Most popular posts
- What makes great boards great
- The fate of control
- March Madness and the availability heuristic
- When business promotes honesty
- Due diligence: mine, yours, and ours
- Alligator Alley and the Flagler (?!) Dolphins
- Untangling skill and luck in sports
- The Southeastern Growth Corridors
- Dead cats and iterative collaboration
- Empirical evidence: power corrupts?
- A startup culture poses unique ethical challenges
- Warren Buffett and after-tax returns
- Is the secret to national prosperity large corporations or start-ups?
- This is the disclosure gap worrying the SEC?
- "We challenged the dogma, and it was incorrect"
- Our column in the Tampa Bay Business Journal
- Our letter in the Wall Street Journal
Other sites we recommend
America’s hodge-podge of scientists, institutions, and funding
Fred Schwarz, in The Uncertainty Principle, argues that an economy’s ability to generate innovative companies results not only from the availability of seed capital, but the structure of the early-stage investing ecosystem:
While scientific research in other industrialized nations is centralized, hierarchical, and bureaucratic, in America it is competitive and entrepreneurial. This is not to say that politics plays no role in deciding how American science is funded; far from it. But in America, governmental sources of funding are much more diffuse (half a dozen federal agencies and departments spend at least $1 billion a year on basic research), and private sources are much more numerous, than in most European or East Asian nations. It all adds up to strength through pluralism.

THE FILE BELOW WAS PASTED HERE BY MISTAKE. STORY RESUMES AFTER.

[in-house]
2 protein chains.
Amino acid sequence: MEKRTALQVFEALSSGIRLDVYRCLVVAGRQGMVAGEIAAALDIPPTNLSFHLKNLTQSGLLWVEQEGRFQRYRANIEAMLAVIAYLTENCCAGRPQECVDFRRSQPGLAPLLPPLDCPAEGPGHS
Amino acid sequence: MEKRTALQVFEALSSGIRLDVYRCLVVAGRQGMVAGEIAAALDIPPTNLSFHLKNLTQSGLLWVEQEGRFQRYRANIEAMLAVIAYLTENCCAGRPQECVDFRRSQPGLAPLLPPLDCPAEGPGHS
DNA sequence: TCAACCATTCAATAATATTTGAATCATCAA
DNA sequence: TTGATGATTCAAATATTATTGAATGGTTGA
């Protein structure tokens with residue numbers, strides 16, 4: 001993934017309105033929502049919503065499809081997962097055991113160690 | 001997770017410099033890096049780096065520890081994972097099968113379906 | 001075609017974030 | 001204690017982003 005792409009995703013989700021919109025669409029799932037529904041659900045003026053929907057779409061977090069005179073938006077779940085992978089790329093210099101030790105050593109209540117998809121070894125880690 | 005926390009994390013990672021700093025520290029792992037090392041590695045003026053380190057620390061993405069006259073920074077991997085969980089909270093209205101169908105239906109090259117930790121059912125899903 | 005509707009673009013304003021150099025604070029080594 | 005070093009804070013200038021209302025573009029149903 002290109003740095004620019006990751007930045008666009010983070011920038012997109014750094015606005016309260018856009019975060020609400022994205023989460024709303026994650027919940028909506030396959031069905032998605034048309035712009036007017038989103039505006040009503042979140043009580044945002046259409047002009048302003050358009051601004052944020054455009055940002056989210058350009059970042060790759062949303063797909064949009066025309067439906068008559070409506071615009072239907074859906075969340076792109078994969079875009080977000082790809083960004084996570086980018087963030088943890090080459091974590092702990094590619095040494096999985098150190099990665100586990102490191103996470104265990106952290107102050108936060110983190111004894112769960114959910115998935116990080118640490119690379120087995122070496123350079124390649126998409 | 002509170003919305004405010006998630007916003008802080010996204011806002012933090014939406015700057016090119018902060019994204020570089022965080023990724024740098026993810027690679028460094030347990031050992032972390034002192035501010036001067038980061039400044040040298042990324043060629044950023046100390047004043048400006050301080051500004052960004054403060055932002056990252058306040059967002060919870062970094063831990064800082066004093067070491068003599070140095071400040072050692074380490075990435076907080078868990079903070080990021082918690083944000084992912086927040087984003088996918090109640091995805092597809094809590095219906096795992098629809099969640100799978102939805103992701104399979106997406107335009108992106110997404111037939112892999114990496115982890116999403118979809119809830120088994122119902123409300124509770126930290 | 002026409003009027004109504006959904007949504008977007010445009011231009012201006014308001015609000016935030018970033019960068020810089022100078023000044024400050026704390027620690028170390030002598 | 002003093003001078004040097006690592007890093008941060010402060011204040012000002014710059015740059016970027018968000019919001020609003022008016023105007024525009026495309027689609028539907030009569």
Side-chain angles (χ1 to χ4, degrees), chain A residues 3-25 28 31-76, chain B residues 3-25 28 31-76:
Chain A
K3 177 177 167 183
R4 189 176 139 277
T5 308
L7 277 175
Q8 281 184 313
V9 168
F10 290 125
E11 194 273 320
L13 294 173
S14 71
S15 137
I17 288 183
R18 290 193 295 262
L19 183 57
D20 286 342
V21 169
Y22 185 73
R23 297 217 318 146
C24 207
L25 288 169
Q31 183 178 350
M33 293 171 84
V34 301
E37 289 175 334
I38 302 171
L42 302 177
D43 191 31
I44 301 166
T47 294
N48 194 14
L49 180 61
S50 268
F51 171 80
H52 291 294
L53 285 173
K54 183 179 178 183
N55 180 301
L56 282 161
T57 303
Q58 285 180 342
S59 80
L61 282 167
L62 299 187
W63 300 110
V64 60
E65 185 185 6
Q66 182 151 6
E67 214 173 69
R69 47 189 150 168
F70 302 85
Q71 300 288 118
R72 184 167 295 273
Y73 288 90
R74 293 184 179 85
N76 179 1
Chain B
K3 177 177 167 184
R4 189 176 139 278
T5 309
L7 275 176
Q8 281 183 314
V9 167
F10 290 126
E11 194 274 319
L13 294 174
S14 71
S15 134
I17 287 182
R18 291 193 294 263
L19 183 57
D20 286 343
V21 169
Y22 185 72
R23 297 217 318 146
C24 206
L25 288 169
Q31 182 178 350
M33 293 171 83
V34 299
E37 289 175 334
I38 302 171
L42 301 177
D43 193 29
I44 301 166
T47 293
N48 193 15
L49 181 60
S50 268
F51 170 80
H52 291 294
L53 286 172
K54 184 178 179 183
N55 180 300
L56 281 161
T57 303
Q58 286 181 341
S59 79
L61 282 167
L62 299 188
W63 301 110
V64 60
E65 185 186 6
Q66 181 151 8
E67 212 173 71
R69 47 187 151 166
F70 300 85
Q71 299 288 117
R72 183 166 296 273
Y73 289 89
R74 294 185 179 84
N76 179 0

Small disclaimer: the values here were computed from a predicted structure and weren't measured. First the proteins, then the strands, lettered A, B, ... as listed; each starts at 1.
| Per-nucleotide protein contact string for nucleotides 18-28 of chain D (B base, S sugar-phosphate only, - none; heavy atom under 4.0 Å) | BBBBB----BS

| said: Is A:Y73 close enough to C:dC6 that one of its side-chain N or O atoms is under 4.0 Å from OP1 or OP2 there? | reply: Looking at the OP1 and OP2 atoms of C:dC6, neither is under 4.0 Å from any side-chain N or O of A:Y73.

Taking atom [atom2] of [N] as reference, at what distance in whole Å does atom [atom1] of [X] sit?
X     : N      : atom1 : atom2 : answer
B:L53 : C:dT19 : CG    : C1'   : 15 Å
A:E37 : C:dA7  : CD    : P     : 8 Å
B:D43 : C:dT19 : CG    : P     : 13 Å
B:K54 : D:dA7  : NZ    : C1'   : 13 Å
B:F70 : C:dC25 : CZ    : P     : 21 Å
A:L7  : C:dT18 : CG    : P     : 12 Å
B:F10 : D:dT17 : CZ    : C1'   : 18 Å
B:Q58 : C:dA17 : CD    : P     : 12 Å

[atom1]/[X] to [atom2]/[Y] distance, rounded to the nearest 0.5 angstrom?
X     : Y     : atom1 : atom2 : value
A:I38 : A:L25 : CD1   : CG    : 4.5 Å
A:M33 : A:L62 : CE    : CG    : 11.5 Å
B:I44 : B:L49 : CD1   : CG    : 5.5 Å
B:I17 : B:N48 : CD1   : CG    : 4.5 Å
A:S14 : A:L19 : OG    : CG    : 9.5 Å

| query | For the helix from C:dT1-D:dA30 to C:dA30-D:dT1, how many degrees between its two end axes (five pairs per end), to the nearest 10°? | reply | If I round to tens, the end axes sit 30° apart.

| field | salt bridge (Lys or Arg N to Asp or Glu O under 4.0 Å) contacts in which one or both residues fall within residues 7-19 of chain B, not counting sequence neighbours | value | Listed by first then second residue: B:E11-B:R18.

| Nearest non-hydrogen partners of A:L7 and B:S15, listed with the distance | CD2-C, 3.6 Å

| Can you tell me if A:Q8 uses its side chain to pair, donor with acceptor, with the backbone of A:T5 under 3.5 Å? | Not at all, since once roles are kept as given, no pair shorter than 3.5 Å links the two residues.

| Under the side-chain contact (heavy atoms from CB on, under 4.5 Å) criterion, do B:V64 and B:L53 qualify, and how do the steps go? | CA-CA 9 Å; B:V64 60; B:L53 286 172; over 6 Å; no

Schwarz cites a few specific American strengths:
- The profusion of funding sources makes it easier for researchers with good ideas to shop around and find a willing partner.
- Independent state universities compete for the best and brightest research. “Americans can consider themselves fortunate that except for the service academies, there is no system of national universities.“
- All our competitive factors – within and between institutions, funding sources, states, federal agencies, and military branches – benefit from “…the absence of any federal Department of Science and Technology – despite the assumption in many quarters that if something is important, it must have its own cabinet secretary.”
Schwarz adds a counterpoint: Europe and China may have an advantage for funding big-ticket items like the Superconducting Super Collider, because they’re “good at spending lots of money with little squawking from the citizens.” However he then favorably quotes Professor William Happer of Princeton who called the SSC’s demise “a tragedy for science” but also cautioned: “I would rather accept mistakes made by the people or their elected representatives than live with mistakes made by scientific bureaucrats.”
Schwarz’s conclusion sums it up nicely:
America’s hodge-podge of scientists, institutions, and funding agencies – imperfect though it may be – is the closest thing the world has to a free market in science, and the results can be seen in Nobel Prizes, citations, and the steady influx of researchers from abroad who know that the United States is the land of scientific opportunity.